New Jewish Education Proposal
I find this an intriguing proposal. Though I can't imagine this program pulling many, if any kids out of the more right-wing Yeshivas, it's possible that parents from the more Modern Orthodox schools might find the price break alluring. But the problems with this proposal seem looming. First of all, the legality has not yet been ascertained. From the Herald article:
One important question is whether the partnership would violate the principle of the separation of church and state. Lawrence school officials said there are no religious groups currently using their school buildings for religious instruction. If the district were to allow it, it would have to provide the same opportunities to other religious groups, school officials said. They said they would check with their attorneys to determine the legal details.There are other issues as well. Even one parent from the group spearheading this effort admits that "as the children get older the public school environment may be a little more challenging for them," and he "concedes that perhaps this idea would only work up to fourth or fifth grade". And of course, unsurprisingly, one of the parents said he has met with Orthodox rabbis in the area to present the idea, and apparently has met with resistance. "We expect our proposal to run into some opposition in the religious community and with the rabbis," he said. Rabbi Zalman Wolowik, the local Chabad Rabbi, spoke out against the idea in the FTJT article:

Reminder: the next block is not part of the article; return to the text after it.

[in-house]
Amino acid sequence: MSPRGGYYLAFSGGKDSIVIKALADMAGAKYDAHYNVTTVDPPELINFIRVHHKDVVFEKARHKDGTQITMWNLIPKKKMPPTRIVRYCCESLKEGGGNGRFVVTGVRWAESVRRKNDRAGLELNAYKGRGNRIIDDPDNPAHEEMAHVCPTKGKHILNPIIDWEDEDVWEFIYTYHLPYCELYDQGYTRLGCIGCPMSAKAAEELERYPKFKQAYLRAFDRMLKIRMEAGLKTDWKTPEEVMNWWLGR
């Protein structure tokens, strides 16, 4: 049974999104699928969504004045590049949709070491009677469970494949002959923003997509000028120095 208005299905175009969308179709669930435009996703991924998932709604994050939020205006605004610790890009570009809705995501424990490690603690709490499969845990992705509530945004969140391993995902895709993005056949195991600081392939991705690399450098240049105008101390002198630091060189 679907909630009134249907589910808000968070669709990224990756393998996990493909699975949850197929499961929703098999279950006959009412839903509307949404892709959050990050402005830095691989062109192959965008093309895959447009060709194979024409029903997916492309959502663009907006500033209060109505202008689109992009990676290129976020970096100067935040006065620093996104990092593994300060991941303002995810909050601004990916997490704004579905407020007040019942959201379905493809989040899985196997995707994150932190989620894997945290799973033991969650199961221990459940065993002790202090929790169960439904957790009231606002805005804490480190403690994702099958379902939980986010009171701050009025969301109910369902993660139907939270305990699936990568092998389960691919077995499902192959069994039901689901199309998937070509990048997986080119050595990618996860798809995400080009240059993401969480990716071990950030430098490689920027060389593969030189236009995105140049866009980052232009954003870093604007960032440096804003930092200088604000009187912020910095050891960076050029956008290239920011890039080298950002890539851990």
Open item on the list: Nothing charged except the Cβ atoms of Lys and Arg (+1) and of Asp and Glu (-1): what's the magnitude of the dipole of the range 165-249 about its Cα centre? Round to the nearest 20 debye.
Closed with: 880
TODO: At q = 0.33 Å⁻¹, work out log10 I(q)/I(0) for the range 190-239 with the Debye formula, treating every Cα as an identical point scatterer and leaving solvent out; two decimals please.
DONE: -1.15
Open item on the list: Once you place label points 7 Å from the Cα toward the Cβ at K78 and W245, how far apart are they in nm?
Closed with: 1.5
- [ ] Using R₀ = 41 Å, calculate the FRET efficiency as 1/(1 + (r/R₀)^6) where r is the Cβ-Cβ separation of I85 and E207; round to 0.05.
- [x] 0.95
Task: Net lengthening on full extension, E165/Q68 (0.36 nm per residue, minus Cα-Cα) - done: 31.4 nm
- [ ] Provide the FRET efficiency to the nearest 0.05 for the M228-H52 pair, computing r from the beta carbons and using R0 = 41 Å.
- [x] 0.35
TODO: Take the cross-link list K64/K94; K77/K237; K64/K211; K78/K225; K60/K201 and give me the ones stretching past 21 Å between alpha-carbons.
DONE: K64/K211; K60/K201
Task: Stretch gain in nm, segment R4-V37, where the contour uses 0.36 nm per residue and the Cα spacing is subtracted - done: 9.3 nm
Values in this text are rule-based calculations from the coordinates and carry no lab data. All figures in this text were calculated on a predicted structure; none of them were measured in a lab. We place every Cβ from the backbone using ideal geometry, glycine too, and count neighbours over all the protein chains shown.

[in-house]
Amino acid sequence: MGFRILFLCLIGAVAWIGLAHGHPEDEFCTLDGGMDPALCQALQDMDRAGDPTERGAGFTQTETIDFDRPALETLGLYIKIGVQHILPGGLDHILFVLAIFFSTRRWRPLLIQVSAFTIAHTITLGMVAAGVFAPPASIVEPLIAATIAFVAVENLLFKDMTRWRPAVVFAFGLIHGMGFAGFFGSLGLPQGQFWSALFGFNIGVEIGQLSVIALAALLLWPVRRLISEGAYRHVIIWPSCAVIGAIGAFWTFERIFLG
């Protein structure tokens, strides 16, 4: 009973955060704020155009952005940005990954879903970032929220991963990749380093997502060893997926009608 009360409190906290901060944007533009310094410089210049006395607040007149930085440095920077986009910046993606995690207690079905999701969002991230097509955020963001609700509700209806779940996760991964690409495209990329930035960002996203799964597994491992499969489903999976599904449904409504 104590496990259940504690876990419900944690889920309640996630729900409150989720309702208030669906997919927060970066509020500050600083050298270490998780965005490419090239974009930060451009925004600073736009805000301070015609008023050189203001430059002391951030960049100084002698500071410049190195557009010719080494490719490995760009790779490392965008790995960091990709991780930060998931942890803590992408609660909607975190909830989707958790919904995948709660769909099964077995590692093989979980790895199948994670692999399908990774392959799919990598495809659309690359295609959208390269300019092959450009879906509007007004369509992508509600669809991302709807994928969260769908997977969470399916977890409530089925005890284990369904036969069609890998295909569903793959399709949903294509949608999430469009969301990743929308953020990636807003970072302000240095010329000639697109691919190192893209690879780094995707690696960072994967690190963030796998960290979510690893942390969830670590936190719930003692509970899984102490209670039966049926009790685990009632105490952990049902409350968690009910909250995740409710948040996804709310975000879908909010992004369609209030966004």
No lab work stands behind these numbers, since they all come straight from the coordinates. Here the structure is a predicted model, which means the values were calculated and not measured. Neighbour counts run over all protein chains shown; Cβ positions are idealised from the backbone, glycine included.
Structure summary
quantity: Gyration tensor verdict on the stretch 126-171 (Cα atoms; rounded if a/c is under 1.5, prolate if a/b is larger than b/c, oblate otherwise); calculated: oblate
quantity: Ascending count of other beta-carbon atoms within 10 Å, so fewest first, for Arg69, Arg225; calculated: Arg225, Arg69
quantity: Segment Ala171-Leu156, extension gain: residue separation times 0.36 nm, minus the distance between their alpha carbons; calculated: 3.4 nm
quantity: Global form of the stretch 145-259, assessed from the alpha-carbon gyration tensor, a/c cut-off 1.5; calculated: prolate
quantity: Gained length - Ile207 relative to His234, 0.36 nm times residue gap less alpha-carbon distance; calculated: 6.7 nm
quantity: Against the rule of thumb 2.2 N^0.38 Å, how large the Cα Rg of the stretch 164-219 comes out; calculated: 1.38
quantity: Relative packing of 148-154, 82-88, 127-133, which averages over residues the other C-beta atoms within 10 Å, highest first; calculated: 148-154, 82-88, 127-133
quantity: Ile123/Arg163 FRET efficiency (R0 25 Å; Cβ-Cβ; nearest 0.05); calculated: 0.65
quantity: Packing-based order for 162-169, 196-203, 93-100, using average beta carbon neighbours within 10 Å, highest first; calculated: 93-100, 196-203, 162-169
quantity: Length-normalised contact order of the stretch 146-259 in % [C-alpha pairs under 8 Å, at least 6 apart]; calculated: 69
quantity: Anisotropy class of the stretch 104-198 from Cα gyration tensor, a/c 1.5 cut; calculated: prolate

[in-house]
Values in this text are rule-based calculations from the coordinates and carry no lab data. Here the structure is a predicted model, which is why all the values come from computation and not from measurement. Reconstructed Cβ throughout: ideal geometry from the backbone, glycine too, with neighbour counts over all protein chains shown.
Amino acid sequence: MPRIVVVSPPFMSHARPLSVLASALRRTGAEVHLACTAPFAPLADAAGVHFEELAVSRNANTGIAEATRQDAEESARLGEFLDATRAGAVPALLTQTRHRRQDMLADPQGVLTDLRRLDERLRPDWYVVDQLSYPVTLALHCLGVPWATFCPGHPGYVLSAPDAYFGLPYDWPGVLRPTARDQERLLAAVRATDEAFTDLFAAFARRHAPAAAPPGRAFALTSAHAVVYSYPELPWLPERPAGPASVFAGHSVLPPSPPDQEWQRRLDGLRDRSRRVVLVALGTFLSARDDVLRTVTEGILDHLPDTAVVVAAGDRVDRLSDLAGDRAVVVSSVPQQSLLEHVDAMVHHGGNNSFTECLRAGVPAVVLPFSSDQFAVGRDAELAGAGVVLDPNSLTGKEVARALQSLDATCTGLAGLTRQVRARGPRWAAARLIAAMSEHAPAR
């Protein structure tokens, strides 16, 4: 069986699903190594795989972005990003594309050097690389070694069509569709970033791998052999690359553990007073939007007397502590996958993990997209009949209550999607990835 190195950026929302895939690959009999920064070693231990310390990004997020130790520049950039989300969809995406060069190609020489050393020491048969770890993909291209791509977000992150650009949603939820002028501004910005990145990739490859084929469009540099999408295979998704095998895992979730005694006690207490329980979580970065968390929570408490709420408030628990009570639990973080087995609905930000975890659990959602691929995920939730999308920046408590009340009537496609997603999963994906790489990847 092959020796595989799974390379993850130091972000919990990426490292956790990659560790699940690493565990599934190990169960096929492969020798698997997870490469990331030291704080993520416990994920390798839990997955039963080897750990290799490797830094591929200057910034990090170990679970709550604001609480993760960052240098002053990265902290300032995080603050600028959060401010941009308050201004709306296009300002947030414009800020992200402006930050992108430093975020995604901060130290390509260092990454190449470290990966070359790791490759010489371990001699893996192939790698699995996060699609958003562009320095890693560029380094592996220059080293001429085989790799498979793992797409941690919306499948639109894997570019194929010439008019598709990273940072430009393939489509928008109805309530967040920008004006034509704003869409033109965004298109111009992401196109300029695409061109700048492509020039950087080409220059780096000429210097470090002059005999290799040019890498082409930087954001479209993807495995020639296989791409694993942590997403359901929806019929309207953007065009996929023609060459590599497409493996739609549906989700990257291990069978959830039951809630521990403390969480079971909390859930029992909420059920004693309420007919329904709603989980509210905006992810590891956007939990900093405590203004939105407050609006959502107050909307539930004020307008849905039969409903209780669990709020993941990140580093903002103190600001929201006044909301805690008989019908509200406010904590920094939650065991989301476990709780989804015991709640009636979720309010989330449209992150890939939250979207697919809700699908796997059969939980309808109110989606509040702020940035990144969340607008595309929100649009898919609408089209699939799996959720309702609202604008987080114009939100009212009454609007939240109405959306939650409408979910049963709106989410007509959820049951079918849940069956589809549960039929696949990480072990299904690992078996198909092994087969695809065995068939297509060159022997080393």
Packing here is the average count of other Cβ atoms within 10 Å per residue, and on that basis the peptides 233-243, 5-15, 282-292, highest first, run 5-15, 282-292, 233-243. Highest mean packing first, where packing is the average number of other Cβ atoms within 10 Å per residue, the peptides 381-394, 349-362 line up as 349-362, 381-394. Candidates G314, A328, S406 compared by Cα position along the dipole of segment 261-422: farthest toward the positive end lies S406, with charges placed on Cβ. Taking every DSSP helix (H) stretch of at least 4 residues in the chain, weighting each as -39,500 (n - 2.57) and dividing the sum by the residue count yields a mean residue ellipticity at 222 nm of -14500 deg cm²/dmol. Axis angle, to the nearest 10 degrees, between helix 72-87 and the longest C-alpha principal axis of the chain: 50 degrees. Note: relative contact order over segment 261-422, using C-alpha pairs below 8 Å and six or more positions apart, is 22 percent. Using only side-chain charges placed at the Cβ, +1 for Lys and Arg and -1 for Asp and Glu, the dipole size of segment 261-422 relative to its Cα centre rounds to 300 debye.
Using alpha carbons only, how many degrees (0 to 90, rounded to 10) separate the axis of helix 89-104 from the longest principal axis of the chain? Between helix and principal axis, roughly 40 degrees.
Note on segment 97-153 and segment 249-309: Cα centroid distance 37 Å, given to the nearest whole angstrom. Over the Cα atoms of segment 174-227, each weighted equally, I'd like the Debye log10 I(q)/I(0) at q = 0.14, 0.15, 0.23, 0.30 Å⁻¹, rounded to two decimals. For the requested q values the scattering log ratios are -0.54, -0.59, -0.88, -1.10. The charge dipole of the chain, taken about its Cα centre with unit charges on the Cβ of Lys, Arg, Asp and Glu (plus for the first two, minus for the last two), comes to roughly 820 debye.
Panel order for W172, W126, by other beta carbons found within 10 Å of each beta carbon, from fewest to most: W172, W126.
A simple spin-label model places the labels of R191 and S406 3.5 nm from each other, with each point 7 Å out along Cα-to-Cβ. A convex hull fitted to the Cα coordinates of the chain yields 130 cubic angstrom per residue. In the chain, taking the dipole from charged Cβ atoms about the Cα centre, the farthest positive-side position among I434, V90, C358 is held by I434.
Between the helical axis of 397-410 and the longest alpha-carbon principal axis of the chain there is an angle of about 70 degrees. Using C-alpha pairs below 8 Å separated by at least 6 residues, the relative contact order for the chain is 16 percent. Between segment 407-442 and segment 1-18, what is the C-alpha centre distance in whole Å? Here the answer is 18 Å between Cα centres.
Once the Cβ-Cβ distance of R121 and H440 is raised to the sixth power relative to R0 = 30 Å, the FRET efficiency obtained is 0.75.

Jack Feldman, an attorney for the schools, said the plan may be a violation of church-and-state laws and needs more investigation. He plans to discuss it with the school board and then offer his opinion.
[He] said he did in fact meet with about 20 parents and made it very clear that he would not assist in or facilitate the movement of children from the yeshivas to a public school setting. "I don't think that this is the way to imbue children these days with the values and instruction that has been handed down to us from generation to generation" he said.
The truth is, the high cost of Yeshiva tuition has been such a major gripe in the Orthodox community for a long time now. In my opinion, it was only a matter of time before some people just gave up on the struggle and looked for another option. Though I am personally not a proponent of pulling kids out of the Yeshiva system, maybe this will give those involved in the Yeshivas a kick in the pants to do something equally creative as this group has about the skyrocketing costs of Yeshiva tuition. It's time to read the writing on the wall.